Shortly after the 22nd annual Motul Petit Le Mans, it was announced that Corvette Racing and driver Jan Magnussen have parted ways; the 45-year-old Magnussen would be “exploring other opportunities for 2020.” Thus ended a 16-year relationship that has brought success for Corvette Racing, Magnussen and most recent regular co-driver Antonio Garcia in Corvette No. 3.
Although it’s not been officially announced, Jordan Taylor, currently working with father’s Wayne Taylor Racing and driving that squad’s No. 10 Cadillac DPi, is expected to take over the open seat. Taylor co-drove with Magnussen and Garcia in the 2017 Le Mans race, where they scored a third-place podium result in GTE Pro, the Automobile Club de l’Ouest’s (ACO) premier production sports car classification.
Magnussen’s career has ranged from Formula One to IndyCar to NASCAR, but it’s been with Corvette Racing that he’s achieved his pinnacle of success. They’ve claimed 35 victories together, including five wins in the Mobil 1 12 Hours of Sebring, four Le Mans class wins, four Motul Petit Le Mans titles and a single Rolex 24 at Daytona triumph. Together, Corvette Racing and Jan Magnussen have earned five IMSA titles, including two consecutive in 2017-2018 in the GTLM category.
As IMSA celebrated its 50th anniversary during the 2019 season, it also named the 50 Great Drivers of its first 50 years, including Magnussen as one of those who made a serious impact on the sport in IMSA’s first 50 years.
Corvette Racing and Jan Magnussen teamed for 156 races from 2004 through 2019, with an initial victory occurring for the teaming in the 24 Hours of Le Mans their first year together, when Magnussen, Oliver Gavin and Olivier Beretta drove the No. 64 Corvette C5.R to the GTS class victory. The trio repeated in 2005-2006, using the Corvette C6.R race car in the renamed and reclassified GT1 Le Mans category. Magnussen’s fourth and final Le Mans victory came in 2009 with Garcia and Johnny O’Connell.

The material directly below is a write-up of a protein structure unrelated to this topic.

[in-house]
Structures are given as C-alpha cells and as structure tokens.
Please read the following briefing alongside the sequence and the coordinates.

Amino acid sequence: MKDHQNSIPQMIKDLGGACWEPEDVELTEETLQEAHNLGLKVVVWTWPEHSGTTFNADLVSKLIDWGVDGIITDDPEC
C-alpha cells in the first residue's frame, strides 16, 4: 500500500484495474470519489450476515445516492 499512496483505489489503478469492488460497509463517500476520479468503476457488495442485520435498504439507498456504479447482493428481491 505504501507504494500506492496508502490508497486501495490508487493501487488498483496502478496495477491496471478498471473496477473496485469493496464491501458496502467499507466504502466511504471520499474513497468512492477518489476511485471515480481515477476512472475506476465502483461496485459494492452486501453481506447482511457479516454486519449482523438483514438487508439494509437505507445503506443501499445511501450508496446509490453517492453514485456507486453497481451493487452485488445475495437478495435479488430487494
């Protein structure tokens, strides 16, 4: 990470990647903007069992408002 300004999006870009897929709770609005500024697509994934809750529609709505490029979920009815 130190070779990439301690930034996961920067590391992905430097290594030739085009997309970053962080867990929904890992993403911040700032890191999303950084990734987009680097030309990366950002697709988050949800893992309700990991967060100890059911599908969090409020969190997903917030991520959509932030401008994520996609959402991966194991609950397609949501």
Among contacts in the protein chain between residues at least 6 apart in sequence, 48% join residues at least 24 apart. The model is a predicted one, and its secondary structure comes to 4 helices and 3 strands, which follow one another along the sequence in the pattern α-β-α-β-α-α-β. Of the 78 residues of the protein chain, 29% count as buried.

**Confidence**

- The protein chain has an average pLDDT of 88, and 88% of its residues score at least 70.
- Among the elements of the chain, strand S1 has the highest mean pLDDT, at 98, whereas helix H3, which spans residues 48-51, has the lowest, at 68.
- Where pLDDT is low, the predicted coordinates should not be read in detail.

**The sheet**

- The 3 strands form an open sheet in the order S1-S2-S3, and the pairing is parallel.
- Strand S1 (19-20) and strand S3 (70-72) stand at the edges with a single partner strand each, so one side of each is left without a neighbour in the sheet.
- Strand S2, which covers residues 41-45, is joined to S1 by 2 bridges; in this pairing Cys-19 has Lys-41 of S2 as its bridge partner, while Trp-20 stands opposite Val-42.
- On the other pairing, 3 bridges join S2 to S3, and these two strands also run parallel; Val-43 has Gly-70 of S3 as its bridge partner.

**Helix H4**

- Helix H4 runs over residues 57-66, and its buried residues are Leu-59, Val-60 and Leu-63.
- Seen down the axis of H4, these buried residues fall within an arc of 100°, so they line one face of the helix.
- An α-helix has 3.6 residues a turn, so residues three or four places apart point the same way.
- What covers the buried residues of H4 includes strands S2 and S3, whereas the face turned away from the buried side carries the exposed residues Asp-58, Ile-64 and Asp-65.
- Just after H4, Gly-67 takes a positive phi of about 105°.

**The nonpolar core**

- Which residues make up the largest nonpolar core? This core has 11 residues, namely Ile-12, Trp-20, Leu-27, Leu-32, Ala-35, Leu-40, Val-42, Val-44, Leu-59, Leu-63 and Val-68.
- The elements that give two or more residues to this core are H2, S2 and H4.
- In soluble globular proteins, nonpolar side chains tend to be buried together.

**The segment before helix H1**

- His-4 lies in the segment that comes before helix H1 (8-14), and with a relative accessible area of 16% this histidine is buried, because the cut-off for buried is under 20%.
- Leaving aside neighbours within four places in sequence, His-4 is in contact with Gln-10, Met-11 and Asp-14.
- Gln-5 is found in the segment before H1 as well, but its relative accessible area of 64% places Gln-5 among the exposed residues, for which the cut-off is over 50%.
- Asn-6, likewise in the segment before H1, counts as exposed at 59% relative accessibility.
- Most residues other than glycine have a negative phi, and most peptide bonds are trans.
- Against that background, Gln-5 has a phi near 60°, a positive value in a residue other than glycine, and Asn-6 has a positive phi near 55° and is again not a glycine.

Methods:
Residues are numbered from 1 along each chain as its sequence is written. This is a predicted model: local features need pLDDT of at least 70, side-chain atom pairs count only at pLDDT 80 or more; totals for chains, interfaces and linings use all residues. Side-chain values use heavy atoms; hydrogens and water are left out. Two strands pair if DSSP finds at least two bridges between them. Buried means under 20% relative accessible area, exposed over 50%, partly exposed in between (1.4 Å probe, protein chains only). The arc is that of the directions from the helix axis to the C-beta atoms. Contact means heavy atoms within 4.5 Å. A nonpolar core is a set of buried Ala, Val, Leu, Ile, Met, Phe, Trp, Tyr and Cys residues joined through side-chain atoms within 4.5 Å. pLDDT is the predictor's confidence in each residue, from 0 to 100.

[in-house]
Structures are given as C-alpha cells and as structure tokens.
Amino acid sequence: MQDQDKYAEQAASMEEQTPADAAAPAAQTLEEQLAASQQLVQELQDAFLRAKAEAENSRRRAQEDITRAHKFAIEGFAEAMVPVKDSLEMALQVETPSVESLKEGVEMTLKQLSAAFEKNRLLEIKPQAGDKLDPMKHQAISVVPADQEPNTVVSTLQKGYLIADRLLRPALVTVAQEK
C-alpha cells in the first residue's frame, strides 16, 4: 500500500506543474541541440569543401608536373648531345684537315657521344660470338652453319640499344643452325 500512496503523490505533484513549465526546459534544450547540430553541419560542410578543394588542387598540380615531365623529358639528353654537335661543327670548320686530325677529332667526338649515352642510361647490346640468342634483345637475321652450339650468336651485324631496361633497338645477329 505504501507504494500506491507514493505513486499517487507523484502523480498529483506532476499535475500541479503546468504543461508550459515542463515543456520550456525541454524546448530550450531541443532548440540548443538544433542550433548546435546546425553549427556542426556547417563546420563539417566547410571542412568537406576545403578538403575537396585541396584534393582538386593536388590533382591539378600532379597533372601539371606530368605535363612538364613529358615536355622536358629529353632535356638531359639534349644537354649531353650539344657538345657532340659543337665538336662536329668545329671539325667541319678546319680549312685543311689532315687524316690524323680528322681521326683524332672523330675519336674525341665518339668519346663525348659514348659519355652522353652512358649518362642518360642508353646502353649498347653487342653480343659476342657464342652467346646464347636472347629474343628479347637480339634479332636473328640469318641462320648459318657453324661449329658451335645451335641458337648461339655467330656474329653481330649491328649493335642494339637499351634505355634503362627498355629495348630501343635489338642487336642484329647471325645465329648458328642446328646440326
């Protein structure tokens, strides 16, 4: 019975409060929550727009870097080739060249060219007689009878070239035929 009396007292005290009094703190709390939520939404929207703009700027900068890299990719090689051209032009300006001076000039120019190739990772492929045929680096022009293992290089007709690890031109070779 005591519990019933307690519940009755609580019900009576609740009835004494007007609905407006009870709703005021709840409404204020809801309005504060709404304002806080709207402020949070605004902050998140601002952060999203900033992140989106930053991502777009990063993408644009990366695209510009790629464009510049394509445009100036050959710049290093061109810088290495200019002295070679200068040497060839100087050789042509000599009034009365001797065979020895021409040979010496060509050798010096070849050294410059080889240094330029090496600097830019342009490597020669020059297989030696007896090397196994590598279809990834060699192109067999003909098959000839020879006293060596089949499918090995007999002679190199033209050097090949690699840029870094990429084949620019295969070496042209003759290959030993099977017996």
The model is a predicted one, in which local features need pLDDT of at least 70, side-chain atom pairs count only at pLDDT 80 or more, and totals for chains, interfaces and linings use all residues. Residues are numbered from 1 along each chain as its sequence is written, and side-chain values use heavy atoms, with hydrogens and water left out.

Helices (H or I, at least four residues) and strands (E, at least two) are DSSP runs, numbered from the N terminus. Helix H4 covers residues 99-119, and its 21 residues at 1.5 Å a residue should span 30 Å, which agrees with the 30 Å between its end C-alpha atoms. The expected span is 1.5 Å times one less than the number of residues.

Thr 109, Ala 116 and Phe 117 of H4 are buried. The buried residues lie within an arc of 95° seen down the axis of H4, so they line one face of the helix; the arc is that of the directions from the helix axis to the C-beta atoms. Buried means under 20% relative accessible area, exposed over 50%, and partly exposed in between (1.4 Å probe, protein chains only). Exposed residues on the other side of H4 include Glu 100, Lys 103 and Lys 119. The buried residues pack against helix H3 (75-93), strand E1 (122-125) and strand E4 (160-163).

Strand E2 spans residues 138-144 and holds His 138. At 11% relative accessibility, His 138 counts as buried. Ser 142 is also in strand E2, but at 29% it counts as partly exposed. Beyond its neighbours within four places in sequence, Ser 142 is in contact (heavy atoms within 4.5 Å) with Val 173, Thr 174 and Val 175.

Magnussen’s first IMSA victory with Corvette Racing came a few months after his first 24 Hours of Le Mans win, when he, Gavin and Beretta reunited to earn laurels in the 2004 Petit Le Mans race, competing in the GTS class.
Known for his toughness, particular at the Sebring International Raceway road/airport circuit that’s so demanding on both driver and car, Magnussen has been at his best on this punishing 3.74-mile, 17-corner circuit. His five victories with Corvette Racing – the first coming in 2006 alongside “The Ollies” (as Beretta and Gavin have been known when working together) – came in the successful Corvette C6.R in 2006. Two more followed in 2008, with O’Connell and Ron Fellows, and 2009, with O’Connell and Garcia.
While Magnussen is best known for his endurance sports car racing achievements, he’s also spent two stints in F1 and was recruited by Hogan Penske Racing in 1996 when two-time Formula One and Indianapolis 500 champion Emerson Fittipaldi suffered a career-ending accident in the 500-mile CART race at Michigan International Speedway. He would go on to finish the year for the team.
Jan Magnussen’s future racing plans remain unknown, but any team would be fortunate to have him in their corner.